Apr 11, 2019

An Evening of Feminist Film Discussion

This evening, experts on filmmaking, gender studies and film studies will round off the See You Next Thursday film festival.

Patrick O'DonoghueFilm & TV Editor
Farewell, My Concubine was one of the films screened during the festival.

Quite often the best film festivals are ones with a stated purpose. The See You Next Thursday Festival, organised by Trinity’s French Department, the School of Languages, Literature and Cultural Studies, and second-year PhD student Louise Kari Méreau unequivocally qualifies as such a festival.

The festival, is drawing to a close, following a screening of Pier Paolo Pasolini’s 1966 vox-pop-style documentary on the attitudes of 1960s Italian society towards sex, Love Meetings. The last of the event series will take place this evening in Trinity’s Jonathan Swift theatre.

The festival features five events centred on themes of gender, womanhood and sexuality in film. The programme comprises four provocative, challenging films and one discussion-based event, but everything on the agenda shares a thematic resemblance. The overarching aim of the festival is to illustrate the manifold ways in which human beings can become trapped within their social, political, and economic environments, and to engage audiences with the notion that the context in which we find ourselves placed (or sometimes misplaced) is something that can be changed. Characters in each of the films fight against or struggle internally with, their social conditioning and the dominant conventions of their age. The battle that leads each of them to differing conclusions about who they truly are, where they have come from, and where they are going next.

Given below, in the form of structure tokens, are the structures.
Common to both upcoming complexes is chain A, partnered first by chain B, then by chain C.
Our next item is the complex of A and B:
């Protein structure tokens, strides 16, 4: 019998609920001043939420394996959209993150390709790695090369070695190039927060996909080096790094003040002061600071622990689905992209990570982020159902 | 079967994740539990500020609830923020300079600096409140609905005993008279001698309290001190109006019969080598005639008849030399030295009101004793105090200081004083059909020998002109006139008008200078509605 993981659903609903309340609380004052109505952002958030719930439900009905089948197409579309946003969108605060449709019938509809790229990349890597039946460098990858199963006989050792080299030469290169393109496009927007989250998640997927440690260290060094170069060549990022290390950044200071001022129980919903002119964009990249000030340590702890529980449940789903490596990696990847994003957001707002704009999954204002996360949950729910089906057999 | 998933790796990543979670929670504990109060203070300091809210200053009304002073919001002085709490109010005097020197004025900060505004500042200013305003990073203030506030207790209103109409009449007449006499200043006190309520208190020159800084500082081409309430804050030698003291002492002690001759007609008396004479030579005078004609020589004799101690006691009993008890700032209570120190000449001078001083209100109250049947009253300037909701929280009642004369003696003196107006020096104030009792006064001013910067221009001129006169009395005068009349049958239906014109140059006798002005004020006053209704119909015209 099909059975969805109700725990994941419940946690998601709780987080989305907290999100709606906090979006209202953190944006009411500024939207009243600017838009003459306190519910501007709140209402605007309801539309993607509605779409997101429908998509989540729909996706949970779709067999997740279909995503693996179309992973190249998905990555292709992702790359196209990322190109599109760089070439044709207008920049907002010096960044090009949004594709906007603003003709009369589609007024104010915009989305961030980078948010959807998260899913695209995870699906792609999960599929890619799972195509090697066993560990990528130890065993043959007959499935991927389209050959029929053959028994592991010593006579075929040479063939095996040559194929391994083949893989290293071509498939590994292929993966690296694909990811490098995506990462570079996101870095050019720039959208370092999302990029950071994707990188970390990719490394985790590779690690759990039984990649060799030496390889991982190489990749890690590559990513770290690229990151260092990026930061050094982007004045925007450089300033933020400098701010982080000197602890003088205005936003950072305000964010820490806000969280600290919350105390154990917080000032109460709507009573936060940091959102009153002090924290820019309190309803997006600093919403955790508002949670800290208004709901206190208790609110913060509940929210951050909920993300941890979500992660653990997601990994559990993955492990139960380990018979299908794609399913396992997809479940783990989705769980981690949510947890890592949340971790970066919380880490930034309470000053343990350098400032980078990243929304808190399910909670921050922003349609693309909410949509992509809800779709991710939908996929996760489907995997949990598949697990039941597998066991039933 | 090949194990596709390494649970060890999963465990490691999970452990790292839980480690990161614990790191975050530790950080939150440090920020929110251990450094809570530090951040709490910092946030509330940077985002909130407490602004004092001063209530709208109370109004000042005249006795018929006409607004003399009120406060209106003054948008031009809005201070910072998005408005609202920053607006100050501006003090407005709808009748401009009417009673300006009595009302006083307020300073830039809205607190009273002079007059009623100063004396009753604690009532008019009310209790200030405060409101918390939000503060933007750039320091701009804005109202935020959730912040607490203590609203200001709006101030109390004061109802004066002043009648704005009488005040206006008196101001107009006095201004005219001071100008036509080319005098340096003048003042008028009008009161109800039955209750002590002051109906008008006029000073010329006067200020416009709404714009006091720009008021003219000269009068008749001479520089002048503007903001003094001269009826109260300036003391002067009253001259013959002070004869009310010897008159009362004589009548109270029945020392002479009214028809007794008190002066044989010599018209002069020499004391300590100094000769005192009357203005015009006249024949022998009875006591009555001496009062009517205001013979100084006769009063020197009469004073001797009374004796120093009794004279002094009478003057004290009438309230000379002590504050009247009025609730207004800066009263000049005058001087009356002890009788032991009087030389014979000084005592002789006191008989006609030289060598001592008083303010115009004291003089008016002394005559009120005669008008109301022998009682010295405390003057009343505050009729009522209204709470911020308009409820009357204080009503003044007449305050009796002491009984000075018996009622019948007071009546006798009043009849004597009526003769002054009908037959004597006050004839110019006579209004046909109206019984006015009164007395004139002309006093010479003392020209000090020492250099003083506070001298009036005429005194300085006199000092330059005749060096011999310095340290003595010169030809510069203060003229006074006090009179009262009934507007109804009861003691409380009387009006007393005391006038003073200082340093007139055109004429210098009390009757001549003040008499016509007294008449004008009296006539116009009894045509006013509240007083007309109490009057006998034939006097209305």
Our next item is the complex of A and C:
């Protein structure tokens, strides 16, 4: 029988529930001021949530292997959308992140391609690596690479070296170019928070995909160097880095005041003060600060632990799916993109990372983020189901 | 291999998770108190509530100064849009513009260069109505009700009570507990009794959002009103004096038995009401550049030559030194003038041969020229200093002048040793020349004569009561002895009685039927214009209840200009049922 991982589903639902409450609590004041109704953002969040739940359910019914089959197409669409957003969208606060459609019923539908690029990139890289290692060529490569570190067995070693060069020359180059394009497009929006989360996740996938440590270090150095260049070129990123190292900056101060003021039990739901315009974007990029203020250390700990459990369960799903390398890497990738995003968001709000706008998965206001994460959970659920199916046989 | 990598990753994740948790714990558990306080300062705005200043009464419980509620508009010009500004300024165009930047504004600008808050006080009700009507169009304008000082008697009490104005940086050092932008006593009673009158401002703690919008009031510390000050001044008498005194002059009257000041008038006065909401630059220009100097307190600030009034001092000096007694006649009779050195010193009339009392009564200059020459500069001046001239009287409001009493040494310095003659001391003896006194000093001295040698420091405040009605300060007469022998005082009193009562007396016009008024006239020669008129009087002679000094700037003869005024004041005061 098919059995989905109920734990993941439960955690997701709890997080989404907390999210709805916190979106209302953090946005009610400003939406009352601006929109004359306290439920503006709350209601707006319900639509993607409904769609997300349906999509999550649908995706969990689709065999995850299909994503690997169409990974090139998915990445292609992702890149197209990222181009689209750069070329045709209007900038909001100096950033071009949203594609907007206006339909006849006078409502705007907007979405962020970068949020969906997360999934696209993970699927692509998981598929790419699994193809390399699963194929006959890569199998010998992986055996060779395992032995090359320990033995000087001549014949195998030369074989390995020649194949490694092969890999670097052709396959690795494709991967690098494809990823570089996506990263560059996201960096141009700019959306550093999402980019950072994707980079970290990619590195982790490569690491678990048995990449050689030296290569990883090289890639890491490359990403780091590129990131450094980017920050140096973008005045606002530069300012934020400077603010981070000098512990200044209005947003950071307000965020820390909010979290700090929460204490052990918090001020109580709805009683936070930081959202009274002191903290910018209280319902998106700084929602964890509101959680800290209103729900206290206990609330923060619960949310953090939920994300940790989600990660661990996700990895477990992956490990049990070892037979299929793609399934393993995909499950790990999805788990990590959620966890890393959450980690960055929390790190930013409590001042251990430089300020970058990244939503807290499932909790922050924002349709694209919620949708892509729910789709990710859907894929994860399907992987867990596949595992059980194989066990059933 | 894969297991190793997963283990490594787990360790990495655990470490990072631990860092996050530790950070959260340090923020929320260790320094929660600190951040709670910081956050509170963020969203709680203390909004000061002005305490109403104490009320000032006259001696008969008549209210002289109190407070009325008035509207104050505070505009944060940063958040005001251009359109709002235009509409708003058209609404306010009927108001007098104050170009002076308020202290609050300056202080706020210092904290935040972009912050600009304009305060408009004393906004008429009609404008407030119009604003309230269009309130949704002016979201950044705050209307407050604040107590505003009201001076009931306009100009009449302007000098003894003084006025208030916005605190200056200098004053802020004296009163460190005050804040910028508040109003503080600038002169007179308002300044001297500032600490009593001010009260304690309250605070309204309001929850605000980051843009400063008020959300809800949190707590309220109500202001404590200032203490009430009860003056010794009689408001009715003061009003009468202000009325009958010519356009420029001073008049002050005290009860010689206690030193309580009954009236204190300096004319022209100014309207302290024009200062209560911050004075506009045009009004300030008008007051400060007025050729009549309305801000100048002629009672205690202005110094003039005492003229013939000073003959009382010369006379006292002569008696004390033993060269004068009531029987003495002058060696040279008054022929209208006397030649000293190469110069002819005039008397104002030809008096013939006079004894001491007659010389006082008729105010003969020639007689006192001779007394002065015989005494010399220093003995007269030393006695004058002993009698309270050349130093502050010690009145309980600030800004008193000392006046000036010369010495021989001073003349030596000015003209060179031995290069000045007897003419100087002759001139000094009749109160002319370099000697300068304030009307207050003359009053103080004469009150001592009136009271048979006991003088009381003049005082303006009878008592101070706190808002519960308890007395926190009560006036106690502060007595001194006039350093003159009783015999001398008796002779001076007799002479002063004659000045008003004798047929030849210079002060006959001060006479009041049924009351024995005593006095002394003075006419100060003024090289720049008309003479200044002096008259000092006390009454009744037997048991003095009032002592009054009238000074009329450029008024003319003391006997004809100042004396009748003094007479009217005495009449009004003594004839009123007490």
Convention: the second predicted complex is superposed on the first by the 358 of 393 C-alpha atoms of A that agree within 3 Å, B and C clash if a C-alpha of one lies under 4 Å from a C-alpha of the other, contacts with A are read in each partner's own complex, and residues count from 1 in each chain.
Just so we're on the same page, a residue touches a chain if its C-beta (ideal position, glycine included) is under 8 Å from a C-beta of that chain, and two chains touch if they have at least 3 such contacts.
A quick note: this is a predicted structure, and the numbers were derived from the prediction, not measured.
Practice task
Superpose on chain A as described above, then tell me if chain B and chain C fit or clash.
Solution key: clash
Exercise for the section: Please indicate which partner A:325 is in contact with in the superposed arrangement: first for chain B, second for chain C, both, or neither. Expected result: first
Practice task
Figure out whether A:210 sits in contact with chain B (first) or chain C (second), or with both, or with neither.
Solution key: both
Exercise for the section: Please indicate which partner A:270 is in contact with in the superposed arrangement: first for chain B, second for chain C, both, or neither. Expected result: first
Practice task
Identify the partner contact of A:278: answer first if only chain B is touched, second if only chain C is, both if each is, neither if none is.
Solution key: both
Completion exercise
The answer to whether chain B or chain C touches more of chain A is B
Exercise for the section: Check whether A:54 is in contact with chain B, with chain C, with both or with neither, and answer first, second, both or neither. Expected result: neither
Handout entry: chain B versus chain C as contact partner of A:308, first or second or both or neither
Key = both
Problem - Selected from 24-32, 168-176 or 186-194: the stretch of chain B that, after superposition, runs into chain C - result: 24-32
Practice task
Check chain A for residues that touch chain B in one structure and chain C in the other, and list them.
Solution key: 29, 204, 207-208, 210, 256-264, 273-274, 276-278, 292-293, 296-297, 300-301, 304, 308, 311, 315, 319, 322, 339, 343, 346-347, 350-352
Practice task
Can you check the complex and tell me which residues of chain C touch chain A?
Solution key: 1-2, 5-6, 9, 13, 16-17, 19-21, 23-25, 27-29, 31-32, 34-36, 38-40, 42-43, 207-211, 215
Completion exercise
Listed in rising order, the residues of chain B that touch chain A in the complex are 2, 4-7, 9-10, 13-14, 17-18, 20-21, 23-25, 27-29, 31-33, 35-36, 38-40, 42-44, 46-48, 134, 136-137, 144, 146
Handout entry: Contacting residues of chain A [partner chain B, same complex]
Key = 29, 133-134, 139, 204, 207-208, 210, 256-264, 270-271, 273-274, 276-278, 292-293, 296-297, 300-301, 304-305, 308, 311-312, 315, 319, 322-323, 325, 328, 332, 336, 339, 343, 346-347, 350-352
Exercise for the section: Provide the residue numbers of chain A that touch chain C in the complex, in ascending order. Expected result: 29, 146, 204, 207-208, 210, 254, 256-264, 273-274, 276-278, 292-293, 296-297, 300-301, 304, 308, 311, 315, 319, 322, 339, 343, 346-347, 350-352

Still to be screened at the See You Next Thursday Festival are Baise-Moi, Stephen Daldry’s The Hours, and Chen Kaige’s Farewell My Concubine. What these films all have in common is a compassionate approach to the troubled situations women frequently find themselves in in society. Whether it be dealing with issues as sensitive as rape, or as nuanced and complex as the ineffable malaise that leads the protagonists (Meryl Streep, Julianne Moore, and Nicole Kidman) to seek out more meaningful lives for themselves, this film festival is defined by a deep-rooted humanity with which it never loses touch.

Concluding the festival on April 11th will be a wide-ranging roundtable panel discussion that will intrepidly explore the multitude of talking points and societal trends invoked by each of the films to be screened over the course of the festival. Speakers such as documentary filmmaker Vanessa Gildea, Chair of Women in Film and TV Ireland association Dr Susan Liddy, and Trinity film studies professor Justin MacGregor, are expected to make an appearance. The festival’s conclusion will, I suspect, bring with it a consensus that cinema can move people through empathetic portrayals of the lived experiences of others.

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